Wallaces Farmer

How to rob a (weed seed) bank

Stopping seed is a key in halting waterhemp.

Gil Gullickson, editor of Wallaces Farmer

June 21, 2024

3 Min Read
hand of man bending down in cover crop
COVER UP: Cover crops, such as this cereal rye, can reduce waterhemp density without impacting soybean emergence, growth, canopy development and grain yields.Holly Spangler

If you’re worried about dicamba leaving the soybean herbicide scene, remember this.

Waterhemp has a weakness. Its seeds quickly die. Leveraging this flaw can help farmers manage this pugnacious pigweed.

A 1997 to 2000 trial conducted at the University of Illinois by graduate students and USDA Agricultural Research Service scientists studied seed viability of a 1996 field with dense waterhemp populations.

“The waterhemp was so thick that you literally could not see it was a corn crop,” says Aaron Hager, U of I Extension weeds specialist.

The research team measured seed viability from 1997 to 2000 in the top 6 centimeters of soil (2.36 inches) after waterhemp shed its seed in 1996. Seed viability levels in each year were as follows:

  • 1997: 39%

  • 1998: 28%

  • 1999: 10%

  • 2000: .004%

“If you limit seed production, waterhemp numbers will plummet,” Hager says.

Non-chemical control

Herbicides, of course, can halt seed production by killing weeds. But if dicamba is nixed as a herbicide option, more pressure is placed on remaining herbicides to control weeds. Ultimately, remaining herbicides used repeatedly can select for more herbicide-resistant weeds.

Enter non-chemical strategies.

“They can preserve our herbicides and make them last longer,” says Meaghan Anderson, Iowa State University Extension field agronomist. Tactics include:

Tillage. “This will not work for everyone,” Anderson says. For farmers who have a cultivator, rotatory hoe or other tillage tool, though, it may be a practical control option.

“It can work on just parts of a field,” she says. “This is another year where I’m hearing about much larger weed populations along field edges. You could just make a pass around the outside of the field.”

Cover crops. ISU trials in 2020 at Boone showed that a cereal rye cover crop reduced waterhemp density more than 30% and waterhemp seed production by 65% when compared to no cover crops. It also didn’t negatively impact soybean emergence, growth, canopy development and grain yields when researchers terminated cereal at soybean planting.

Narrow rows. By canopying sooner, narrow rows squelch sunlight that weeds need to grow and set seed. In 2019 and 2020, Ramawatar Yadav, an ISU weed scientist, compared treatments for soybeans planted in 15- and 30-inch spacings. They examined waterhemp control the prior year in corn:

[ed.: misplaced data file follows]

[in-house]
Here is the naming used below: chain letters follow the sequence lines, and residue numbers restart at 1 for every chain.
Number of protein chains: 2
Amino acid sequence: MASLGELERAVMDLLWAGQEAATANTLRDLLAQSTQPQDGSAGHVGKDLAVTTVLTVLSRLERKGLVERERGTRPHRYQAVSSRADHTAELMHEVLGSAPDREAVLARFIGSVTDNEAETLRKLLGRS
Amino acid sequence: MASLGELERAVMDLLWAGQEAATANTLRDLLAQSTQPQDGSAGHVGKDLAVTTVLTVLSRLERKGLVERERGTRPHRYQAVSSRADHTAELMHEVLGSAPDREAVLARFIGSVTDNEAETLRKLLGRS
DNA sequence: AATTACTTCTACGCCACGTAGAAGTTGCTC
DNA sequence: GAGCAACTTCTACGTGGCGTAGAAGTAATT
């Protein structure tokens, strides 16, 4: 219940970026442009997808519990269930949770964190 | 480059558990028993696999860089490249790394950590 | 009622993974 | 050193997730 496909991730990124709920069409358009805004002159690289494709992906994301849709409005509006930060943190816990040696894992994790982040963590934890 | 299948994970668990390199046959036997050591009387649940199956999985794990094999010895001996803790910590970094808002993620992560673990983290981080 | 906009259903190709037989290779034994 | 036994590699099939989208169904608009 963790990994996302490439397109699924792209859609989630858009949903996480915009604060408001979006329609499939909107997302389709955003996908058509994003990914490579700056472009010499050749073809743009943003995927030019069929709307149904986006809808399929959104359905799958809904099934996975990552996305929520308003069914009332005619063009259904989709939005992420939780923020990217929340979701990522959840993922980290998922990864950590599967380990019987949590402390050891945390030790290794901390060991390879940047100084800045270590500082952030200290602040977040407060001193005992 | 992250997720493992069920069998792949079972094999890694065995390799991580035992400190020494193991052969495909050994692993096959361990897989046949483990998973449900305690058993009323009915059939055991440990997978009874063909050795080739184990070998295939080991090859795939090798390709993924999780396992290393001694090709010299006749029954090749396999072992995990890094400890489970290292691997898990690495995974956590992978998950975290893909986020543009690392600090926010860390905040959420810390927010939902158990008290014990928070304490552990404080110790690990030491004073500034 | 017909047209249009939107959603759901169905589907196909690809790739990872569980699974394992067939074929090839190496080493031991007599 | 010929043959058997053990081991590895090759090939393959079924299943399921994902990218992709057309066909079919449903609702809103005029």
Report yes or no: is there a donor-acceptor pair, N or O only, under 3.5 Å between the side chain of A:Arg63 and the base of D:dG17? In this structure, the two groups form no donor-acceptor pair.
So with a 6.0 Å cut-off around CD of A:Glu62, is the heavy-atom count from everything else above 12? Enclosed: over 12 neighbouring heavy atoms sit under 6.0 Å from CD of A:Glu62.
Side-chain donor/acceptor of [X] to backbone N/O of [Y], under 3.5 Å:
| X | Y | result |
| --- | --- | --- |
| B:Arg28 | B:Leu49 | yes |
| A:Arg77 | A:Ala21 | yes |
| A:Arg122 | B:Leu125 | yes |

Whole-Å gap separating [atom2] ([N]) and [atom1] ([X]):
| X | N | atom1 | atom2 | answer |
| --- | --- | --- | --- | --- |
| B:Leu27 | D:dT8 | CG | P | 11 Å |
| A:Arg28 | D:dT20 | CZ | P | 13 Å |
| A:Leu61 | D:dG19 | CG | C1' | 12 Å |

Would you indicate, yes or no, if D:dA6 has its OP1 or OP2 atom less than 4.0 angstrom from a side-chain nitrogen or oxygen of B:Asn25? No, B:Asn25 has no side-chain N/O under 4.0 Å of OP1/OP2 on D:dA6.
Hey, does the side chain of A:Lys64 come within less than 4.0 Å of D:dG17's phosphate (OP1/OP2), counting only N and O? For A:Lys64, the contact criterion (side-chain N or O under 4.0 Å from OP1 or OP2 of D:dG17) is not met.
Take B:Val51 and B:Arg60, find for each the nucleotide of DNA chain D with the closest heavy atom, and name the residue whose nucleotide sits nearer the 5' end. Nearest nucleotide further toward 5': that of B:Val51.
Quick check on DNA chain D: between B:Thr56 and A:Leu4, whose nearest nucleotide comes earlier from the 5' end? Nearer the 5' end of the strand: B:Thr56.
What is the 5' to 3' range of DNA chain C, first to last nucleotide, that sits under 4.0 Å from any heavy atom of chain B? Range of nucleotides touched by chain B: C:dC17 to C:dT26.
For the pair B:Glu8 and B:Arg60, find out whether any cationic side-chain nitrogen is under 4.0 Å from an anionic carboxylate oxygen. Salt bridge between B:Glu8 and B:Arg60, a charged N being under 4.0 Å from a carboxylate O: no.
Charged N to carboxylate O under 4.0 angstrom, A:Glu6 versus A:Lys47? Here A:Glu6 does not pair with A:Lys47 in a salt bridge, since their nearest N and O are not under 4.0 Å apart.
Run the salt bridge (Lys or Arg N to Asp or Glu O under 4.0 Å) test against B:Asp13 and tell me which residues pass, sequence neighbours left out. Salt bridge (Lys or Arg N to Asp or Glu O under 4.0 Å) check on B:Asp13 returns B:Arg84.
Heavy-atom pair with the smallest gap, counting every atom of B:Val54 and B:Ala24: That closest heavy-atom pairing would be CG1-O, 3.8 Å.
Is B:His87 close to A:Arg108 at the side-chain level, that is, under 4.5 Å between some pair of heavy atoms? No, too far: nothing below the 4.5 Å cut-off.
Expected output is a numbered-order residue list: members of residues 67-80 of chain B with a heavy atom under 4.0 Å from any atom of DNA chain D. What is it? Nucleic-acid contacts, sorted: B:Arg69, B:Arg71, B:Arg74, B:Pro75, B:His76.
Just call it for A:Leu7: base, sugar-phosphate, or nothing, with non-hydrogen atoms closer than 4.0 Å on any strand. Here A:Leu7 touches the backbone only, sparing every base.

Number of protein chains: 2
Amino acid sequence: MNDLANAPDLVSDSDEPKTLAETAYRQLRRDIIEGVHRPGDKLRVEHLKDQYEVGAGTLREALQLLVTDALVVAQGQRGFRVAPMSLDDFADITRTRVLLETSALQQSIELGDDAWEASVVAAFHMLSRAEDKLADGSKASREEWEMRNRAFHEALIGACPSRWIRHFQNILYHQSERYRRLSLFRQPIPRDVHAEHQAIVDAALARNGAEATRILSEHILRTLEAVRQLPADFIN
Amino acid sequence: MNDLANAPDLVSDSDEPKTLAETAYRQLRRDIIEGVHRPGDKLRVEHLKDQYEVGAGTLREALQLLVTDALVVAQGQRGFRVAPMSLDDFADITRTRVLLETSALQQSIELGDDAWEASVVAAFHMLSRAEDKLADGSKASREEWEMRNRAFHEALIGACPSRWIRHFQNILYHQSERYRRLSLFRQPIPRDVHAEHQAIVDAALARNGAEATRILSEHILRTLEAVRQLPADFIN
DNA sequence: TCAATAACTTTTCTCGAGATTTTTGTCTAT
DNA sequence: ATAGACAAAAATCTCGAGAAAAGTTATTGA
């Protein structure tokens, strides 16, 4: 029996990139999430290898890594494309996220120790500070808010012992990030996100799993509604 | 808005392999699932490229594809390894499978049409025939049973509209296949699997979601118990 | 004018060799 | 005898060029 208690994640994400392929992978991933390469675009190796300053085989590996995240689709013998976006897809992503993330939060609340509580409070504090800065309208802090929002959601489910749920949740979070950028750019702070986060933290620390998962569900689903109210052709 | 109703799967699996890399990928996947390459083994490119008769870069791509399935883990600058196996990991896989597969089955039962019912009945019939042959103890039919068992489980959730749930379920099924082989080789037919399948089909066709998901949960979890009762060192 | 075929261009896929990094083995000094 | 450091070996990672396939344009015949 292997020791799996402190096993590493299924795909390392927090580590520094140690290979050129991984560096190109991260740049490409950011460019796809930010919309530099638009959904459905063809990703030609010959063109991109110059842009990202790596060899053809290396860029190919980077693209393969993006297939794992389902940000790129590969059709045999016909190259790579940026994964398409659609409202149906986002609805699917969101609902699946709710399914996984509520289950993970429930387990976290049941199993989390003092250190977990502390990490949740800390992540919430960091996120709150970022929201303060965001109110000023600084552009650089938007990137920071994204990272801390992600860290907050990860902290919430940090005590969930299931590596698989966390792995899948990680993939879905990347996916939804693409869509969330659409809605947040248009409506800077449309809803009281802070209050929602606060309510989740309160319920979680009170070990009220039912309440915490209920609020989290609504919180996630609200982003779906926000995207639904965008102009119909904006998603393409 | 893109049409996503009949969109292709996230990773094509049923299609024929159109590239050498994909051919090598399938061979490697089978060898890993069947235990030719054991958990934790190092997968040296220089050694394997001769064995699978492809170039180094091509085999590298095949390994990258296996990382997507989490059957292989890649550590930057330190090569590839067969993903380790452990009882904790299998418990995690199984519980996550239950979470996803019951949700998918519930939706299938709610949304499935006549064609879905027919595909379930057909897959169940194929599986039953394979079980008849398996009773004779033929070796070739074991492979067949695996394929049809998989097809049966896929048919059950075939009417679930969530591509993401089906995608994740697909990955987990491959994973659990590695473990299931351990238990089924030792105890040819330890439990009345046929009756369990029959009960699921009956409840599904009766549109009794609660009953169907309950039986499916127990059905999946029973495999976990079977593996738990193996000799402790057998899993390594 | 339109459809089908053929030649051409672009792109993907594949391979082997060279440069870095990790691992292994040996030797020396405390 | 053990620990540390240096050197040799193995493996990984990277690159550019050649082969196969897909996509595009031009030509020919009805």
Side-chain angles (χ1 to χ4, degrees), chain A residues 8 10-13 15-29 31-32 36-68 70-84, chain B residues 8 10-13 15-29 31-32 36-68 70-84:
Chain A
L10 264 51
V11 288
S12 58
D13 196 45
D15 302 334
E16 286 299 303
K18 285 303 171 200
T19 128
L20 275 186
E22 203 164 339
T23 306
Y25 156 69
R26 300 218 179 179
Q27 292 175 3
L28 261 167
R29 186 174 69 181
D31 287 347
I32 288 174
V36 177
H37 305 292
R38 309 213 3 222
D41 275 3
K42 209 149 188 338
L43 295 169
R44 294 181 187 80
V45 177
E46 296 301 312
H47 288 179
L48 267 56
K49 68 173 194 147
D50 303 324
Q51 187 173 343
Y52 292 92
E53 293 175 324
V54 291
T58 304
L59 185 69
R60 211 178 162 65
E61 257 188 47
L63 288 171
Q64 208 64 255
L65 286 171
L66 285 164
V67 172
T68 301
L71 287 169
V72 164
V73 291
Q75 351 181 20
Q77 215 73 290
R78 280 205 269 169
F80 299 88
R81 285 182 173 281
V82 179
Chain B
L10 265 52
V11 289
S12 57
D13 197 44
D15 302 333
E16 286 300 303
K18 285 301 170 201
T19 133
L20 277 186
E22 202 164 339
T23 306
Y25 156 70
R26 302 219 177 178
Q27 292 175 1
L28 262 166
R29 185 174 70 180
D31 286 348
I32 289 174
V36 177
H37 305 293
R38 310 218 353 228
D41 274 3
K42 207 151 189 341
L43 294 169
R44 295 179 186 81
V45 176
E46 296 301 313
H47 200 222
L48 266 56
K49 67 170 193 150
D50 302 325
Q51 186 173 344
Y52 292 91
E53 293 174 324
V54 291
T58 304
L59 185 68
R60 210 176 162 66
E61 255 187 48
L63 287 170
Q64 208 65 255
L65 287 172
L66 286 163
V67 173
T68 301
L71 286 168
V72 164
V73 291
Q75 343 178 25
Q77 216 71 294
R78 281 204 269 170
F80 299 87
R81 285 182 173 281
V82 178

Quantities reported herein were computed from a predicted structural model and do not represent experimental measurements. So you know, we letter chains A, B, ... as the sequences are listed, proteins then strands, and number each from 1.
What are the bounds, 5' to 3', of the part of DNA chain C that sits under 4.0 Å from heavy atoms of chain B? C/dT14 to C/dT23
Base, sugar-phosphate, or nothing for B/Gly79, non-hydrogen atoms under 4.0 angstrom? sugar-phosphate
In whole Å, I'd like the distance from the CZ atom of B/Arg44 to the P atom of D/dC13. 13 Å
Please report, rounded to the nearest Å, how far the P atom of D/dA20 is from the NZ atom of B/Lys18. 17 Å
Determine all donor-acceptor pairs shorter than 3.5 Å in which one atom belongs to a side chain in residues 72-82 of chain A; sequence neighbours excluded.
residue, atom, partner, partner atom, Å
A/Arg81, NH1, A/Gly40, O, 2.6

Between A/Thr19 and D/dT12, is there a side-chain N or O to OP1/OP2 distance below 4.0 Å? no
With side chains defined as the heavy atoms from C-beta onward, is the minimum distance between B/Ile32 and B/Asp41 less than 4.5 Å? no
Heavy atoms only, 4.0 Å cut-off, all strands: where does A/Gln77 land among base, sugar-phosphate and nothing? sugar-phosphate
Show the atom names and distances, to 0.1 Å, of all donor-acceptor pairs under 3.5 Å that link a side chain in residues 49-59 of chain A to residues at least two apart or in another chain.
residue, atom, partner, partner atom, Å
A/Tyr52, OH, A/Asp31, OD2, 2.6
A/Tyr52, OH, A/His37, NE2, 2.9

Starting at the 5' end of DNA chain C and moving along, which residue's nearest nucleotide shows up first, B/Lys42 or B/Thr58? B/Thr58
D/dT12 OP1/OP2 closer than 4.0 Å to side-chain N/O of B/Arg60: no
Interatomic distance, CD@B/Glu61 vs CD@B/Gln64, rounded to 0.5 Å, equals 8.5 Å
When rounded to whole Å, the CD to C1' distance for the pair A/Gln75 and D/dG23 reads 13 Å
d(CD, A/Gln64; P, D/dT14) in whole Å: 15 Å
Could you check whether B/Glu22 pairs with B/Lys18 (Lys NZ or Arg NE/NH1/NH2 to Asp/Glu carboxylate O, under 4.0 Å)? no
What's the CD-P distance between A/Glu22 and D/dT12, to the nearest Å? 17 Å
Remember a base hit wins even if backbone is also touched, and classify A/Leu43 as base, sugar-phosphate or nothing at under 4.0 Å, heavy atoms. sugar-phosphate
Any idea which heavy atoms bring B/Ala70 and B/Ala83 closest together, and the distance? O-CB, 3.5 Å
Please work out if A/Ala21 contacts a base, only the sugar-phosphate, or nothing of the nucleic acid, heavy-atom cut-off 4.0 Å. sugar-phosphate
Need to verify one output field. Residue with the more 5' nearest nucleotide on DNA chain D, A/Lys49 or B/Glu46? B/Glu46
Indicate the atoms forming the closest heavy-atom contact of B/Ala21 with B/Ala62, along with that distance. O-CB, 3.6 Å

* Poor waterhemp control (30%)

* Good waterhemp control (90%)

* Zero weed seed produced the prior year.

All treatments had the same herbicide program in the subsequent soybean year. Nine weeks after planting, waterhemp densities were at least 13% lower in narrow row spacings. Meanwhile, aboveground waterhemp biomass was reduced more than 40% in 15-inch rows compared to 30-inch rows.

Harvest Weed Seed Control

Harvest Weed Seed Control systems developed in Australia destroy weed seeds before they germinate. Some HWSC practices funnel harvest residue containing weed seed into narrow windrows at harvest. Farmers can then burn it, spray it or leave it to rot.

Another practice uses seed impact mills that fit on the back of combines.

“We’ve seen 97% to 98% of weed seeds killed in soybeans,” says Michal Flessner, a Virginia Tech weed scientist. Meanwhile, a trial in 2020 by ISU weed researchers exceeded a 90% kill rate.

About the Author(s)

Gil Gullickson

editor of Wallaces Farmer, Farm Progress

Gil Gullickson grew up on a farm that he now owns near Langford, S.D., and graduated with an agronomy degree from South Dakota State University. Earlier in his career, he spent 13 years as a Farm Progress editor, covering Minnesota and the Dakotas.

Gullickson is a widely respected and decorated ag journalist, earning the Agricultural Communicators Network writing award for Writer of the Year three times, and winning Story of the Year four times. He is a past winner of the International Federation of Agricultural Journalists’ Food and Agriculture Organization Award for Food Security. He has served as president of both ACN and the North American Agricultural Journalists.

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